There’s been a lot of conversation around a certain wall over past couple years that may or may not be built along a specific border next to a specific country. It’s a controversial subject, to put it lightly. Now, I’ve been finding myself confused by the information that’s been circulating. There are a lot of numbers being presented, be it wall costs, immigrant populations, and costs of undocumented immigrants to the United States government. So, I’ve taken it upon myself to break down the numbers and get to the bottom of what is the wall.
As for the estimates of the wall, the number varies greatly depending on who they’re coming from. Donnie Trump estimates the cost is around $15 billion, a price it appears that most Republicans agree with. Democratic senators believe that the cost to build the wall will actually be $70 billion, and $150 million per year in maintenance. The third estimate in an op-ed from Fox News puts the price tag closer to $25 billion but also emphasizes that only includes the cost to build the said wall and not on the economic impact a wall could have, be it positive or negative. There are also other factors that could complicate the building of the wall, such as lawsuits over property, the sheer area of the wall, and areas requiring potential landscaping in order to be suitable for the construction of the wall.
So we now have three estimates to go off of: $15 billion, $25 billion, and $70 billion. Now, we must establish the cost of illegal immigrants to the United States government. That’s easier said than done, as this data is difficult to find without some sort of bias in place, as well as contributions immigrants make to the economy, which is an estimated $11.6 billion. The most reliable was an estimate of $54 billion, which the article states as difficult to determine a precise number.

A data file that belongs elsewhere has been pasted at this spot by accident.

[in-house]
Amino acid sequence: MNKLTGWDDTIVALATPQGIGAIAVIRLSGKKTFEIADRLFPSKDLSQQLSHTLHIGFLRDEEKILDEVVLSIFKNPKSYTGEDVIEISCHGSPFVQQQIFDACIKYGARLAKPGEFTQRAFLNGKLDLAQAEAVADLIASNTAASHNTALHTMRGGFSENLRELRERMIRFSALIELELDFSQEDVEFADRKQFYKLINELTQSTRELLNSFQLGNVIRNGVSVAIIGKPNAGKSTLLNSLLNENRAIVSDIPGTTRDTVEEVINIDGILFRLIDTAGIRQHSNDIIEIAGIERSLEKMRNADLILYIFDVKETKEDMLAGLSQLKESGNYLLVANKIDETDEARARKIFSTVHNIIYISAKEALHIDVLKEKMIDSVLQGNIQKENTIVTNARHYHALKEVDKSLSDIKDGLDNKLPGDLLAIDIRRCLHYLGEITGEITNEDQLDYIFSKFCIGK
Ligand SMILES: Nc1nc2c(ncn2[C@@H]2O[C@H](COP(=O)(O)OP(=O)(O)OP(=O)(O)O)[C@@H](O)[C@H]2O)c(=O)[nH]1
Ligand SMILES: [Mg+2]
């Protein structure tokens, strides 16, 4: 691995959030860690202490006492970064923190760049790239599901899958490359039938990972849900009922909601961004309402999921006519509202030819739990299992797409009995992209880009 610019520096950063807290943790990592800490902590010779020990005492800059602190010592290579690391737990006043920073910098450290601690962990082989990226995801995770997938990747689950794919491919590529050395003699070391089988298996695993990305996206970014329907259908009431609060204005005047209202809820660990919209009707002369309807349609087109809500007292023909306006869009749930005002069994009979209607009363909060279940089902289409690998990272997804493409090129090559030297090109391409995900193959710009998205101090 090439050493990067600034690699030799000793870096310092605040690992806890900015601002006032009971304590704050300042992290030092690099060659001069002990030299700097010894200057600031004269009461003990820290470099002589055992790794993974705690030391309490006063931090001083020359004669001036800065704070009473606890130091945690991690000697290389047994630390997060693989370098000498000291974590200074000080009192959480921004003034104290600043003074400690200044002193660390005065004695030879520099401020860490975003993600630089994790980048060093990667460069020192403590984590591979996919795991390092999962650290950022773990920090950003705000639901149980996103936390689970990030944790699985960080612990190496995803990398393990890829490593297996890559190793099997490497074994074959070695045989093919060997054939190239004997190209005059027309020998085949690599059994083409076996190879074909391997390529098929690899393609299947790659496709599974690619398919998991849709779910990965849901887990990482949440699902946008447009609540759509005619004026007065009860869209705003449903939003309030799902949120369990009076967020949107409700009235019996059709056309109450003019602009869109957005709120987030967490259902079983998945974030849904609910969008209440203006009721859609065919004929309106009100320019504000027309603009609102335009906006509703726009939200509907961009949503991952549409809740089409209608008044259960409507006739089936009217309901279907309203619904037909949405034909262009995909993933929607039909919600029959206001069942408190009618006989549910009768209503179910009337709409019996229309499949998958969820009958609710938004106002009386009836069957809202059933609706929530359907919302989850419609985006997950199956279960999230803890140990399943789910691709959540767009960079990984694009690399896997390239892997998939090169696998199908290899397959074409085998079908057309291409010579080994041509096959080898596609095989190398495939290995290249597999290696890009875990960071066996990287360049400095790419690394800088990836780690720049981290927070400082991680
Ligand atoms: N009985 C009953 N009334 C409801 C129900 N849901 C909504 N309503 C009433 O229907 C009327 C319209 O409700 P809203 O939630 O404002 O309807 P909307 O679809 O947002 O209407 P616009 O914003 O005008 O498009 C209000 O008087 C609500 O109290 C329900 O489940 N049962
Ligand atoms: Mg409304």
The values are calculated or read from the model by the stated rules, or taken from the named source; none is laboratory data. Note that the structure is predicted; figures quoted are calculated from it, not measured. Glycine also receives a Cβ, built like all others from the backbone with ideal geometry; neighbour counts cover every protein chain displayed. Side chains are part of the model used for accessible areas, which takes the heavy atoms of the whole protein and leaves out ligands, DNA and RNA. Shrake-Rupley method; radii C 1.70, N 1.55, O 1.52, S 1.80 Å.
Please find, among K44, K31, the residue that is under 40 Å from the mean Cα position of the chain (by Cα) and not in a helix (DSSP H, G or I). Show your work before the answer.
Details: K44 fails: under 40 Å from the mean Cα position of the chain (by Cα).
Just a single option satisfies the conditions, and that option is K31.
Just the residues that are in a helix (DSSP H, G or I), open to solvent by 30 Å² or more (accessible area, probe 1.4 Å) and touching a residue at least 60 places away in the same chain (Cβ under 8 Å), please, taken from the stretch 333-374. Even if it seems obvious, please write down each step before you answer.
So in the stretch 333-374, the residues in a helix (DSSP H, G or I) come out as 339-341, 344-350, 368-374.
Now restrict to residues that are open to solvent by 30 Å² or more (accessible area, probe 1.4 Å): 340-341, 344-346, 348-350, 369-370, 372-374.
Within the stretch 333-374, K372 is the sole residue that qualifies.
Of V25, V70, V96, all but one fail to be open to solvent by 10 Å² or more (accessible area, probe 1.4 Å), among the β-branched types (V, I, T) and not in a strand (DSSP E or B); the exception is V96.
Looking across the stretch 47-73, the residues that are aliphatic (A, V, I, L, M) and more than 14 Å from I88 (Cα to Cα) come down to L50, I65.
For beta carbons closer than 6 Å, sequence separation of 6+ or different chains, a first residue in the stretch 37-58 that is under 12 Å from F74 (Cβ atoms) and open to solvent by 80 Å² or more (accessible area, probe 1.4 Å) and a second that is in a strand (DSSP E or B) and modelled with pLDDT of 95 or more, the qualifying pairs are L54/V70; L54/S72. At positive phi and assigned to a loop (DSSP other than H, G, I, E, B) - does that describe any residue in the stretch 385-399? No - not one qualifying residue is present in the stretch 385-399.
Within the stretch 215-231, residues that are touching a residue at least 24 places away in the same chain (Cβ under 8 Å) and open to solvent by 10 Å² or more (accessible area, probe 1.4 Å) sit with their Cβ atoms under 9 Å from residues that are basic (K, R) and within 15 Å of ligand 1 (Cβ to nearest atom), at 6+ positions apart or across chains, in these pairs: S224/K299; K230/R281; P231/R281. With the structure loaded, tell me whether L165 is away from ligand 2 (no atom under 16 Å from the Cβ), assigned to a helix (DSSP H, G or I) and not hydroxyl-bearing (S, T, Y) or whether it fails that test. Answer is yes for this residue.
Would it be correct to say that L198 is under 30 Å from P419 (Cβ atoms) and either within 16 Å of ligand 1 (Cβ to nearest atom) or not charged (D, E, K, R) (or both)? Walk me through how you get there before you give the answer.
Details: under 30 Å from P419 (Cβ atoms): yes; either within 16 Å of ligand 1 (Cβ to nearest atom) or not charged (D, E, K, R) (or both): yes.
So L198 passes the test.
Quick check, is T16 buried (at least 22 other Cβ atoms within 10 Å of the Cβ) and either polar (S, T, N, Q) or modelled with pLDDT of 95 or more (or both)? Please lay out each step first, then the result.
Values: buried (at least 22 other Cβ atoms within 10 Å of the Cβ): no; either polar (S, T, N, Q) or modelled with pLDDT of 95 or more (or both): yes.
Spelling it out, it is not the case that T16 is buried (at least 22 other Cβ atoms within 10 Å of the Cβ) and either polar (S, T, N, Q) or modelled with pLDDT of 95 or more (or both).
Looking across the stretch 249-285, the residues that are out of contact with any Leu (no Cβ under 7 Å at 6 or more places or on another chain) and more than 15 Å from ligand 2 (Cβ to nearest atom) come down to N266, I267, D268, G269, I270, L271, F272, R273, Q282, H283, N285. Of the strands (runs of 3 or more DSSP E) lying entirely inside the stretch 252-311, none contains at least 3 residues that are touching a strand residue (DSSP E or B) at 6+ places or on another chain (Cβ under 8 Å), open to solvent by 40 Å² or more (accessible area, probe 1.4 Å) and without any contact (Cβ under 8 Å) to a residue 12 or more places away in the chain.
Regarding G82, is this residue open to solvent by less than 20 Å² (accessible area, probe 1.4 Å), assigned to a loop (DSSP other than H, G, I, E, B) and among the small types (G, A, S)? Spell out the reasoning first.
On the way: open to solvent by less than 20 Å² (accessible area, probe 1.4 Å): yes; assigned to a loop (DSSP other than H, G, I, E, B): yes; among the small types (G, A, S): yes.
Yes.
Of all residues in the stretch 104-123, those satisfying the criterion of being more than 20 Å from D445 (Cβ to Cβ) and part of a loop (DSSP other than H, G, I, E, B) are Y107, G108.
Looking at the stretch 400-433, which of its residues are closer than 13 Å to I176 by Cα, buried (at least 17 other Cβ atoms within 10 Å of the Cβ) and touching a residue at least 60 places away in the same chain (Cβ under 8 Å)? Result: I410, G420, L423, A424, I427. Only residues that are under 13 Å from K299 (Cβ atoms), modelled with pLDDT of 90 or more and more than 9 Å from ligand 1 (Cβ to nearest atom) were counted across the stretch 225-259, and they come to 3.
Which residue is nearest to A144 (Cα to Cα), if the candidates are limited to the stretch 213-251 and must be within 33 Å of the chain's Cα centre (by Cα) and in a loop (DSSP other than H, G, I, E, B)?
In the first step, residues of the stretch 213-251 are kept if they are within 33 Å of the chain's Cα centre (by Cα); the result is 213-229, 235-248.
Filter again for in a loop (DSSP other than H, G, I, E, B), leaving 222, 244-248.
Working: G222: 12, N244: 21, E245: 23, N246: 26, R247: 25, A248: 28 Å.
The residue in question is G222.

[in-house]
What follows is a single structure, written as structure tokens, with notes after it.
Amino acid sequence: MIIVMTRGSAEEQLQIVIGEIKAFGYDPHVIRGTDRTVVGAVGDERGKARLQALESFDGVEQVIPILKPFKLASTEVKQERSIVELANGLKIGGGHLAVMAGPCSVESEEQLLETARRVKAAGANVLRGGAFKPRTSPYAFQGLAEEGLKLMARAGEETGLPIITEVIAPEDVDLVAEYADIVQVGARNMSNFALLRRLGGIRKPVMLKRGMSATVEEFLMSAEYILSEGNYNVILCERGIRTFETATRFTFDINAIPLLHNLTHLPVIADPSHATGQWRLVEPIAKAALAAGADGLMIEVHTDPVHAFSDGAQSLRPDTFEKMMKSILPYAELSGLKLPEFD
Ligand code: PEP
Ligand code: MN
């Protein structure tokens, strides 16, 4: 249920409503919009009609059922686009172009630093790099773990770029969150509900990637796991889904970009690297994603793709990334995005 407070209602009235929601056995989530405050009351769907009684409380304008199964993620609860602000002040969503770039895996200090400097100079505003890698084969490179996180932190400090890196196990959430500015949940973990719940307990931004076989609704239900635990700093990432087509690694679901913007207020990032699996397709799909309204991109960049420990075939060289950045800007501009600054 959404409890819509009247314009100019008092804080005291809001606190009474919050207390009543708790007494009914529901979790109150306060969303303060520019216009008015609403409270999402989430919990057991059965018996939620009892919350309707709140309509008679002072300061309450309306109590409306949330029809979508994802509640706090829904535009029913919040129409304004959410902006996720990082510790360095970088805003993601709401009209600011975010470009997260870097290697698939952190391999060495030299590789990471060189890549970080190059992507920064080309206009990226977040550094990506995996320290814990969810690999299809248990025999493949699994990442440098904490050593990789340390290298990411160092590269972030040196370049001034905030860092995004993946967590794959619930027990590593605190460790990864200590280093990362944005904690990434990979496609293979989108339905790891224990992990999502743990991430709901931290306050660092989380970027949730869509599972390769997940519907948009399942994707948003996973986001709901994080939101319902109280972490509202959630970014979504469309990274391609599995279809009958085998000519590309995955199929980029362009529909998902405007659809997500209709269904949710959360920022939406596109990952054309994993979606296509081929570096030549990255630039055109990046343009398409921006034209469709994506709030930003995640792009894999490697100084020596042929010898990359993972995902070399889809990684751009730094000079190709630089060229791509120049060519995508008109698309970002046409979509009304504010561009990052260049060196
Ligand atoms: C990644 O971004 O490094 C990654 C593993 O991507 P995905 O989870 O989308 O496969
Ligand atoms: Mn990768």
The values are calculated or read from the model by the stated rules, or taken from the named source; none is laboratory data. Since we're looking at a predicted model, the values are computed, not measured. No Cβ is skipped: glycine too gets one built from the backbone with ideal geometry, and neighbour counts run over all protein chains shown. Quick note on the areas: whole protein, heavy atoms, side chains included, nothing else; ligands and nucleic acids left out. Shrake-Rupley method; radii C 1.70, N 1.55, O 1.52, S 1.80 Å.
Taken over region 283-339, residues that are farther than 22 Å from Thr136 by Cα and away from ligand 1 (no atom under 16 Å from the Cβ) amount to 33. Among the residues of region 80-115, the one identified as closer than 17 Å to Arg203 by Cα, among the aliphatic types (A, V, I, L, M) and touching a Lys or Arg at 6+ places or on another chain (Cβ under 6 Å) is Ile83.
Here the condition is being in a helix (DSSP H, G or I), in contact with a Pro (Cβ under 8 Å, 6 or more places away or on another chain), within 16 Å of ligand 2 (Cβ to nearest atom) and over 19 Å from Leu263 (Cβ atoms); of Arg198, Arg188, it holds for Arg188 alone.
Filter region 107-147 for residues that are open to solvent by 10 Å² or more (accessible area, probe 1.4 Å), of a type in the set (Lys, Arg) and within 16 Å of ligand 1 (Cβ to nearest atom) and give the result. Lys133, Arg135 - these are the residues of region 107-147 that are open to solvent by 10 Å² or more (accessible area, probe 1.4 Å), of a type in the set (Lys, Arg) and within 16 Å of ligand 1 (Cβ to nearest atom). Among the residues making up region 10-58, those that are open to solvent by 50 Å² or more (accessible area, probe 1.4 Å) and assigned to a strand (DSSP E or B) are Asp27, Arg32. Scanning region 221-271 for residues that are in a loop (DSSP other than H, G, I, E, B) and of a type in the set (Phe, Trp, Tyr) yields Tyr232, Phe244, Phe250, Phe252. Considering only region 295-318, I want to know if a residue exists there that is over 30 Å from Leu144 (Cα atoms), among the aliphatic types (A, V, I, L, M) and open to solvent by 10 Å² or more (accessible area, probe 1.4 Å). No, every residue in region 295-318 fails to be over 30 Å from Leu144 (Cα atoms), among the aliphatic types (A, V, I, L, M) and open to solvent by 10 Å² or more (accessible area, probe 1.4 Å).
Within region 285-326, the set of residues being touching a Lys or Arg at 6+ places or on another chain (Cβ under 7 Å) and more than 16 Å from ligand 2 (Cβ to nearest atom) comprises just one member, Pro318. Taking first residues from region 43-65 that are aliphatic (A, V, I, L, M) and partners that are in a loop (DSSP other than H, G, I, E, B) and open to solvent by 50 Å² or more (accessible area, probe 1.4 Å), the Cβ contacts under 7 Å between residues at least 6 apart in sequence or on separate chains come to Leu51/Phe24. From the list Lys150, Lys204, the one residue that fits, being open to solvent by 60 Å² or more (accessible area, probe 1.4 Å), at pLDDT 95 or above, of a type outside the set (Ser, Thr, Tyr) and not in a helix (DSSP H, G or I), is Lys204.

In order to more likely represent the numbers that are being used, we have to adjust the number of immigrants to those that are Mexican, as the point of the wall is to limit migrants coming from the southern border. Of the immigrants who have come to, 50% of them come from Mexico. So, we’ll make some assumptions here and say that Mexican immigrants cost the government around $27 billion, and contribute roughly $5.8 billion to the economy. I also feel obligated to mention that while immigrants do cost the government money, as do normal Americans, although I wasn’t able to determine if the costs are more or less.
Now that we have some rough estimates of costs, it’s time to tackle some of the other claims that have been made, specifically referring to the claims that “when Mexico sends their people, they’re not sending us their best,” as stated by our President Donnie Trump, as well as later going on to state in that same speech “They’re bringing drugs. They’re bringing criminals. They’re rapists. And some, I assume, are good people. ” So there were some accusations made that I’ll have to address now.
Now, I cannot make judgments as to the characters of immigrants, but I can look into the claims that have been made. While he is correct that most illegal drugs are trafficked in from Mexico, they have typically moved through Ports of Entry, and a wall would likely have little to no impact on the drug trade. Of the estimated 11 million immigrants that live in the United States, about 820,000 have some prior criminal conviction, which is equal to roughly 7%. Of the 11 million, only about 300,000 carry a prior felony conviction, which is less than 3% of the population. As for the allegation that rapists are coming in, there tend to be more difficulties with finding data, as it’s much similar to a Bigfoot sighting; often claimed but rarely ever accurate. From some data I was able to find out of Texas, only about .03% of all convictions were sex crimes related to illegal immigrants. As can be seen, these claims tend to be exaggerated in favor of building support.
As we’ve broken down the information and potentially risked my social standing in my small town, it’s pretty easy to see that there’s a lot to address when looking at something such as a wall. I’m admittedly not a supporter of the wall for a great many reasons, mostly from an ethical background but also a financial inclination that the problem it seeks to fix won’t have enough impact to justify such an expensive and prolonged plan. I’m interested to see what everyone else thinks so feel free to sound off in a mature conversation.